Background:Congress authorized the U.S. Army Corps of Engineers, Portland District (Corps) to construct thirteen dams and associated reservoirs for the purposes of flood control, hydropower generation, irrigation, navigation, fish and wildlife, recreation, water supply, and water quality. These projects, built between 1940 and 1969 – collectively referred to as the Willamette Valley Project (WVP) – include Big Cliff, Blue River, Cottage Grove, Cougar, Detroit, Dexter, Dorena, Fall Creek, Fern Ridge, Foster, Green Peter, Hills Creek, and Lookout Point. In addition to construction of the dams and reservoirs, the Corps acquired property, relocated communities, and cleared swaths of pastoral and timber lands that would be inundated. The WVP, which now covers approximately 55,000 acres, significantly influenced human occupation of the landscape in six Willamette Valley watersheds through relocation and displacement. While Corps has a general understanding of the relocations and displacement that occurred, there are several unanswered quantitative and qualitative research questions regarding the true impacts of the WVP on communities, families, and individuals. The Corps has never completed a heritage focused effort to capture the scope and scale of inundation and relocation impacts. Real estate records and design manuals include technical details such as maps, photos, and pricing information, which can answer many quantitative questions about displacement, like how many total acres were cleared and how much was spent on these efforts. However, this data is largely incohesive, unanalyzed, and not widely available or easily accessible to federal employees trying to complete compliance efforts or the public trying to learn more about their communities, families, and historic resources. Further, the current available resources fail to capture the more human element of displacement and answer important research questions about public experiences with the Corps from the 1930s until the 1960s, and how this historic understanding continues to shape local communities’ current perspectives and interactions with the Corps. The Corps also lacks information regarding the impact of WVP reservoir inundation on tribal communities and the loss of traditional land use areas. The WVP offers an exceptional opportunity to research how the Corps’ actions and policies from the 1930s to 1960s shaped communities local to the thirteen projects, how the historic implications of relocation and displacement continues to shape contemporary perceptions of the agency, and how lessons learned from these historic interactions can guide future public engagement and outreach strategies to be more meaningful and successful. While initial authorization called for the construction of seven dams, only three were started (two completed) prior to World War II when the project was for the sole purpose of flood control. After World War II, Congress authorized more dams and added hydropower and recreation to many of these projects, which substantially changed planning efforts. The Willamette Valley saw a drastic increase in population following World War II and the Corps had to reconsider original placement of some dams given the increasing impacts on communities and project costs of relocation. Construction continued into the 1950s and 1960s. During this time, many Indian Tribes who ascribe significance to the Willamette Valley lost federal recognition due to termination policy. It was also during this time the growing environmental movement began to pressure the Corps to consider impacts to fish, wildlife, and habitat. These topics are unstudied at the WVP but have direct implications on the past and present sense of place for those who were displaced because of dam construction and directly influence the framework for the Corps’ public engagement in the Willamette Valley. The Corps’ management of the WVP continues to directly influence local communities in ways that may significantly change human land use patterns, economies, and access to resources. One example includes the finalization of the Willamette Valley Systems Environmental Impact Statement (2024), where the Corps will be reconsidering the ongoing operations and maintenance of the WVP. The Willamette Valley has also been hard hit by catastrophic wildfire and storm events in the last few years. Between climate change and required shifts made by the Corps for the long-term preservation of endangered fish species, today’s management of the WVP will not be sustainable in the future. To determine how to best engage with the communities that are most likely to be impacted by impending changes to Corps’ management and practices, it is essential to fully understand the history of a place, how communities historically interacted with and remember those first experiences with the Corps, and how this history carries over into their current understanding of the Corps. With this understanding and appreciation, future public interactions in the Willamette Valley can be more equitable, inclusive, and successful. Brief Description of Anticipated Work: The purpose of this project is to develop and implement research methodologies to effectively and collaboratively collect community histories about relocations and displacements that occurred as a result of constructing the WVP. This will require bringing together multiple academic fields, including history, anthropology, and geography. This work will not only develop innovative research methodologies for collecting and analyzing more community centered history but will also test the effectiveness of that methodology and public outreach in real time. If proven effective, these research tools and outreach methods can be incorporated into the Corps’ operating procedures for environmental compliance, interpretation programming, and more broad public engagement efforts using shared history, heritage, and understanding as a foundation. This work will consider the regional perspective, individual projects, individual towns, and individual families. In addition to closing several qualitative and quantitative data gaps (noted above), research for the project will pull together information from disparate sources and provide innovative ways to educate and engage local communities in publicly accessible formats. This project will research, analyze, and distribute community knowledge and history regarding relocations and displacements resulting from the construction of the WVP. There are four primary objectives: 1. Establish and implement an innovative research methodology to collect, analyze, and share community history on a diverse range of heritage resources (e.g., buildings, sites, land uses, oral histories, traditions, artifacts) impacted by dam construction and reservoir inundation in the Willamette Valley. This objective will be best supported by accessing a wide variety of research resources, including federal, tribal, state, and local repositories, and then identifying collections that offer historic insight on place, use, and change. Using comprehensive resources and relying on best research practices from the academic fields of history, anthropology, and geography will create a one-of-a-kind historic narrative on displacement and relocation. 2. Establish and implement effective and collaborative methods to engage with community members regarding the history of the WVP specifically focused on the relocations, displacements, and other changes that resulted from construction and inundation. This will include developing best practices for consulting and partnering with a variety of communities, including Indian Tribes, to collect and share community focused history. The emphasis should be on both gathering information and giving information back to the community in a format that supports existing heritage goals. This objective will be best supported by utilizing several tools including in-person, digital, and hybrid formats. Once established and implemented, these outreach and public engagement methods can be adapted and applied to a variety of Corps’ projects – including NEPA public outreach requirements, development of interpretive programming, and other good neighbor best practices. 3. Support ongoing cultural and natural resource management decisions to allow for the better incorporation of more localized and traditional knowledge, and methods to best communicate and engage with communities being directly impacted by those management decisions. This research project will engage with Indian Tribes to identify former locations of traditional use that could inform restoration projects and resource accessibility. This project will also support improved current and future management of cultural resources within the WVP and contribute to the greater regional understanding of cultural resources for all researchers working in the Pacific Northwest. Research can be used in the future for predictability models and programmatic approaches to compliance efforts which will help streamline processes and better utilize limited resources. 4. Train undergraduate and graduate students in the research, analysis, and widespread dissemination of community focused history. Students will get priceless firsthand experience in more traditional research methodologies (digging through archive boxes, analyzing primary and secondary sources) and also ways to collect history through crowdsourcing and working directly with communities (e.g., oral histories). Further, they will become familiar with digital programs like georeferencing, scanning to appropriate resolutions based on material type, and the chosen digital platform for disseminating results. Broadly, the tasks required to complete the above objectives include:Research: Review existing historic records available from the Corps, Indian Tribes, state, local, and other federal repositories. Included with research is the digitization of relevant records, as appropriate, for accessible public distribution.Community Outreach: Consult with communities and individuals to collect oral histories, materials (photos, artifacts, unpublished documents, etc.), recollections, and other information about the Willamette Valley before, during, and after project construction. Included with this task is hosting community history collection events and creating a safe, welcoming space for the public to consider what relocation and displacement meant for their history, heritage, and sense of place.Analysis and Development: Use findings from the research and community outreach tasks to develop a publicly accessible way to disseminate the shared history of relocation and displacement. This requires developing appropriate written materials that are enhanced by visuals and audio. A report on methodology, effectiveness (see below), and best practices for similar implementation at other Corps’ projects should also be developed.Public Distribution: Launch and publicize the results of this project to local communities, heritage organizations, academic organizations, and the public. Given the holistic nature of the research methodologies, the findings, analysis, and lessons learned should be presented widely within the Portland District, the Corps, the local community, and academic organizations.Effectiveness: Consider the effectiveness of research methodology, community outreach efforts, analysis, and public dissemination using both quantitative and qualitative factors. In addition to identifying successful methods, effectiveness should also examine how methods can be best adapted or improved for implementation at future projects. A robust discussion about how the Corps can adjust public outreach with communities that have been historically impacted by inundation for more successful future engagement should also be included. This can be incorporated with reporting (see above) but is called out separately to emphasize the importance. The investigator will develop a multi-year plan to research, analyze, and distribute community knowledge and history regarding relocations and displacements resulting from the construction of the WVP. The investigator will identify several research questions and avenues that may be explored over the life of the agreement that consider 1) unique and effective ways to document local history through both traditional sources and community focused collection, 2) ways to conduct meaningful public outreach and engagement to better understand the history of local communities and the Corps’ interactions and impacts, and 3) ways that federal agencies can meaningfully engage with local communities particularly when management actions may drastically impact the individual, household, and community level.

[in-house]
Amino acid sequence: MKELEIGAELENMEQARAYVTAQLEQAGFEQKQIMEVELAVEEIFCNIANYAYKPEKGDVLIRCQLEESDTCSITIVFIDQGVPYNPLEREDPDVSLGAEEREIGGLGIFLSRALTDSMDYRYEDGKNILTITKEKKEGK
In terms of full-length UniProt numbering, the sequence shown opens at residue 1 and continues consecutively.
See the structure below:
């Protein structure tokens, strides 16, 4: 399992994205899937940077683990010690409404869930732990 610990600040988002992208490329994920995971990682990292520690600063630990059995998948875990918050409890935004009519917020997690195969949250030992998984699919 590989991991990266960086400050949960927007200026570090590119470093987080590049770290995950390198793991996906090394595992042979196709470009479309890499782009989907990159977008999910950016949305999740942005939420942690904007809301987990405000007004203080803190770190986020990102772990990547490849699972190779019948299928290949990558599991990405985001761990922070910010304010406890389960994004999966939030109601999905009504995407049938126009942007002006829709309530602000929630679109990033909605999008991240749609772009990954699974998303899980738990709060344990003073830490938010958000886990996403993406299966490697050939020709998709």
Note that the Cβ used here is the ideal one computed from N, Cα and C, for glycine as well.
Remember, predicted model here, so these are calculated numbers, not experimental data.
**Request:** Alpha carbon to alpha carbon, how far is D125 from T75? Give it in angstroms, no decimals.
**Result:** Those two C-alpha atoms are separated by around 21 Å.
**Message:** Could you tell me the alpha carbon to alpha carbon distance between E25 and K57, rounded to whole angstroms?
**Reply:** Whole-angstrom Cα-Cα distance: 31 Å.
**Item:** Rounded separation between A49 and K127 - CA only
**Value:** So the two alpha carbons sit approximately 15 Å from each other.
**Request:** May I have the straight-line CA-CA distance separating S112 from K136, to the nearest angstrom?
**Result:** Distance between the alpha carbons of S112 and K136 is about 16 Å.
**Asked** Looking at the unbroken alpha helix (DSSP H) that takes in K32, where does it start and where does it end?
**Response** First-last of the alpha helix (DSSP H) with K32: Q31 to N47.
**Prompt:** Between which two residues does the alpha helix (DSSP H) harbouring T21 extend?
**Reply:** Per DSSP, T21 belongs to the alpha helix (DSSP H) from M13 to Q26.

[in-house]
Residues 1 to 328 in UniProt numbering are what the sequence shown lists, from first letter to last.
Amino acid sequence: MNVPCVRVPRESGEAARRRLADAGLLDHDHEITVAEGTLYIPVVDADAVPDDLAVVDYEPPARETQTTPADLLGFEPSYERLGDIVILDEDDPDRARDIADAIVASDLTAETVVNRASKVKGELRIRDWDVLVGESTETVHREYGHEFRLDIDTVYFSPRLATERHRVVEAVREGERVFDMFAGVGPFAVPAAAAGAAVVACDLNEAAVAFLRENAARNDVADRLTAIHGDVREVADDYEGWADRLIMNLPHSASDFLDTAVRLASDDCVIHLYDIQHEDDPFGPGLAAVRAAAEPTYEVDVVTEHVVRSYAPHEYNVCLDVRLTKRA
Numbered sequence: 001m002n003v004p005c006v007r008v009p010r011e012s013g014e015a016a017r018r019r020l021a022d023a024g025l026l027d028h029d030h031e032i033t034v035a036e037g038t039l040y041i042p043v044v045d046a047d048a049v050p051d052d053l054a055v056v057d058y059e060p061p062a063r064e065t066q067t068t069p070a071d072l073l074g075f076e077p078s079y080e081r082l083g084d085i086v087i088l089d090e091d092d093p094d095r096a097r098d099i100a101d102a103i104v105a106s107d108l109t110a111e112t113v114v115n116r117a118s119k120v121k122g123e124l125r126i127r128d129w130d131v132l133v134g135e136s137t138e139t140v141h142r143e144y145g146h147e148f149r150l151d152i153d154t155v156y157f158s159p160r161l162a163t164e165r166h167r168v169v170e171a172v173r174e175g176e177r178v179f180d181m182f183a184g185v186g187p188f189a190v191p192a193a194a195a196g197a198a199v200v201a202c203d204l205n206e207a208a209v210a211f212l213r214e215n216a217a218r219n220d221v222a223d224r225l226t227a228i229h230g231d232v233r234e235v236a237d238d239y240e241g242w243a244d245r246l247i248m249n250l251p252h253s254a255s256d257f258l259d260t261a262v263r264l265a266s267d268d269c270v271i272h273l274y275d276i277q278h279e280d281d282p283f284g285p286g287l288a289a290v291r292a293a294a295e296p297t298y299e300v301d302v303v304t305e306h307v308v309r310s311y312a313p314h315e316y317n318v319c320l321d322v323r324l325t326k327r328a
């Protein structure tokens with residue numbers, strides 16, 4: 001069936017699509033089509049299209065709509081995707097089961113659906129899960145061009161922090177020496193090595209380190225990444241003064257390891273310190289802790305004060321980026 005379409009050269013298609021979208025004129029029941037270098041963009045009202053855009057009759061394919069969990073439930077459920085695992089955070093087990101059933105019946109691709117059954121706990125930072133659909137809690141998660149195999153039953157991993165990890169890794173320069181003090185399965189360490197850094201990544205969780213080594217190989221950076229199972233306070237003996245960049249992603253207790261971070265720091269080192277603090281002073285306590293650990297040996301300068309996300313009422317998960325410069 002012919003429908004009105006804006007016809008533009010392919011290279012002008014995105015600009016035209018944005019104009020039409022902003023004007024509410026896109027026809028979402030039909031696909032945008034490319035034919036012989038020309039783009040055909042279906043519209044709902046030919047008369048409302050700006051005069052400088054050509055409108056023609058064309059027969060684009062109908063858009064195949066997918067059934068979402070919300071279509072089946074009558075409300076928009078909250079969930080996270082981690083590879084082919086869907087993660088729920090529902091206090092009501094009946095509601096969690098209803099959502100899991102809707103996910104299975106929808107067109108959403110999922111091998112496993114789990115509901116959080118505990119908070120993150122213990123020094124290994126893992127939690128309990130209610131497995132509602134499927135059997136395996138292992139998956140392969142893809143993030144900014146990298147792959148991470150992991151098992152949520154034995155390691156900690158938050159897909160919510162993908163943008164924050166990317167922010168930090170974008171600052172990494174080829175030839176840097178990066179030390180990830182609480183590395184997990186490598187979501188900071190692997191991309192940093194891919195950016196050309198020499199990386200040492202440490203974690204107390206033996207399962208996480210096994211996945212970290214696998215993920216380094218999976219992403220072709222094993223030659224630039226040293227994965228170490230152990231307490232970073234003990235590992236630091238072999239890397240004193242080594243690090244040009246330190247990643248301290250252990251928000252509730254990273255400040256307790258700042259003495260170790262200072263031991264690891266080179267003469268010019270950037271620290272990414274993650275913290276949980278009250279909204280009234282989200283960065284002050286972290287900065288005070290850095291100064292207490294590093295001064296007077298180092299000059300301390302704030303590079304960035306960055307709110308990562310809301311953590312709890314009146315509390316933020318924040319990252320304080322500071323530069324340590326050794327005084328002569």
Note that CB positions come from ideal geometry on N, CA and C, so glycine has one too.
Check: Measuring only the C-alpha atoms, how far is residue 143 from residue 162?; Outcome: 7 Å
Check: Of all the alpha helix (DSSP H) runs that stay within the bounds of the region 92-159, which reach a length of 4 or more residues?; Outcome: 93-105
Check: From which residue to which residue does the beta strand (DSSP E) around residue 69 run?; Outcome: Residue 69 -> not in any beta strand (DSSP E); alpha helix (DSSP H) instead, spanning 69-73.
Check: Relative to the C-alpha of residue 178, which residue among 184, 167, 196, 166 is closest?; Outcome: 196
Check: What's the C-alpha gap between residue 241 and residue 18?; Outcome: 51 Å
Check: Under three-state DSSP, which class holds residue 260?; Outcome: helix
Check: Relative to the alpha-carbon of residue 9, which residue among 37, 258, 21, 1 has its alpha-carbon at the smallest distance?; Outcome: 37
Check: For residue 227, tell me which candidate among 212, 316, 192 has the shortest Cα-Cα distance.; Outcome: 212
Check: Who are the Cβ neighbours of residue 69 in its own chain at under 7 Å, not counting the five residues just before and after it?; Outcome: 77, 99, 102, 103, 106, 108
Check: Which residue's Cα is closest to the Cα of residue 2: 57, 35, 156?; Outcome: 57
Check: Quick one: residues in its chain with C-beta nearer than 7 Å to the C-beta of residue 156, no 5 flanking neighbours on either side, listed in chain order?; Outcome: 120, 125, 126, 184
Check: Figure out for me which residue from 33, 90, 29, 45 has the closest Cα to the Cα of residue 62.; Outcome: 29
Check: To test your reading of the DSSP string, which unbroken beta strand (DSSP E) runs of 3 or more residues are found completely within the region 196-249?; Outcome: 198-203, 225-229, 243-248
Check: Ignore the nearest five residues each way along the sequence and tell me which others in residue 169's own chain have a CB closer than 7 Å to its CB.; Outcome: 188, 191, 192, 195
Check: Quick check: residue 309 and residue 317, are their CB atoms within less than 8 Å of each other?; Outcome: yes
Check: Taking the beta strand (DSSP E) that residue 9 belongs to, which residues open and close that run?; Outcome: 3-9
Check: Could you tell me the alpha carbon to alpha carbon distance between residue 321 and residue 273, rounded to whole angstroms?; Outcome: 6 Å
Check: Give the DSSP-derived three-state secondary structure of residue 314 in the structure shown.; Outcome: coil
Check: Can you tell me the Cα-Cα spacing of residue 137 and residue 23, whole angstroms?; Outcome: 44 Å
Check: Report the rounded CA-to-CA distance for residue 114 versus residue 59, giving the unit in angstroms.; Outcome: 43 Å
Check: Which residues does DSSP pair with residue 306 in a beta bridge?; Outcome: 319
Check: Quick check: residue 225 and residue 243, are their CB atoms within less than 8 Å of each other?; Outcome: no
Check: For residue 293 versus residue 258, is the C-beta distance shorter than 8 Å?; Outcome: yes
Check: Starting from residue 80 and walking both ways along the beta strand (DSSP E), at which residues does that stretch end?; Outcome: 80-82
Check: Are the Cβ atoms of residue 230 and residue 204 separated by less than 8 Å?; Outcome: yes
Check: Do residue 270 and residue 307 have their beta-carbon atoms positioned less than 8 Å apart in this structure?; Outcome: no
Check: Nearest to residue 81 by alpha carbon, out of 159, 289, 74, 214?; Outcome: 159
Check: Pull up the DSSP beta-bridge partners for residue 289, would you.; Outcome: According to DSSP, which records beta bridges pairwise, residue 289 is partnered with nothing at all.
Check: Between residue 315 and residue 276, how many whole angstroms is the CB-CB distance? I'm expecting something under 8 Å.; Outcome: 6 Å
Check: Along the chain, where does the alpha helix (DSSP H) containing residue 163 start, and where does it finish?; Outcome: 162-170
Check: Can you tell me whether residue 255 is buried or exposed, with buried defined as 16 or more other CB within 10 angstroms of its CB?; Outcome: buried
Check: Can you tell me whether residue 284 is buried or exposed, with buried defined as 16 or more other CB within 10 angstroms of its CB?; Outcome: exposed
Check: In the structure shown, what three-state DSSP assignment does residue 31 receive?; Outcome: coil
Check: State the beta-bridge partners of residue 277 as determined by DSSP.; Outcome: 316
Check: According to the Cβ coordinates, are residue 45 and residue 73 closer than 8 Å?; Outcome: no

Categories: Science and Technology and other Research and Development.

More Information

Posted on:

Application Deadline:

Expired

Type

Fellowships

Reference Number

W81EWF-22-SOI-0016

Cottage%20Grove%2C%20United%20States

Cottage Grove , United States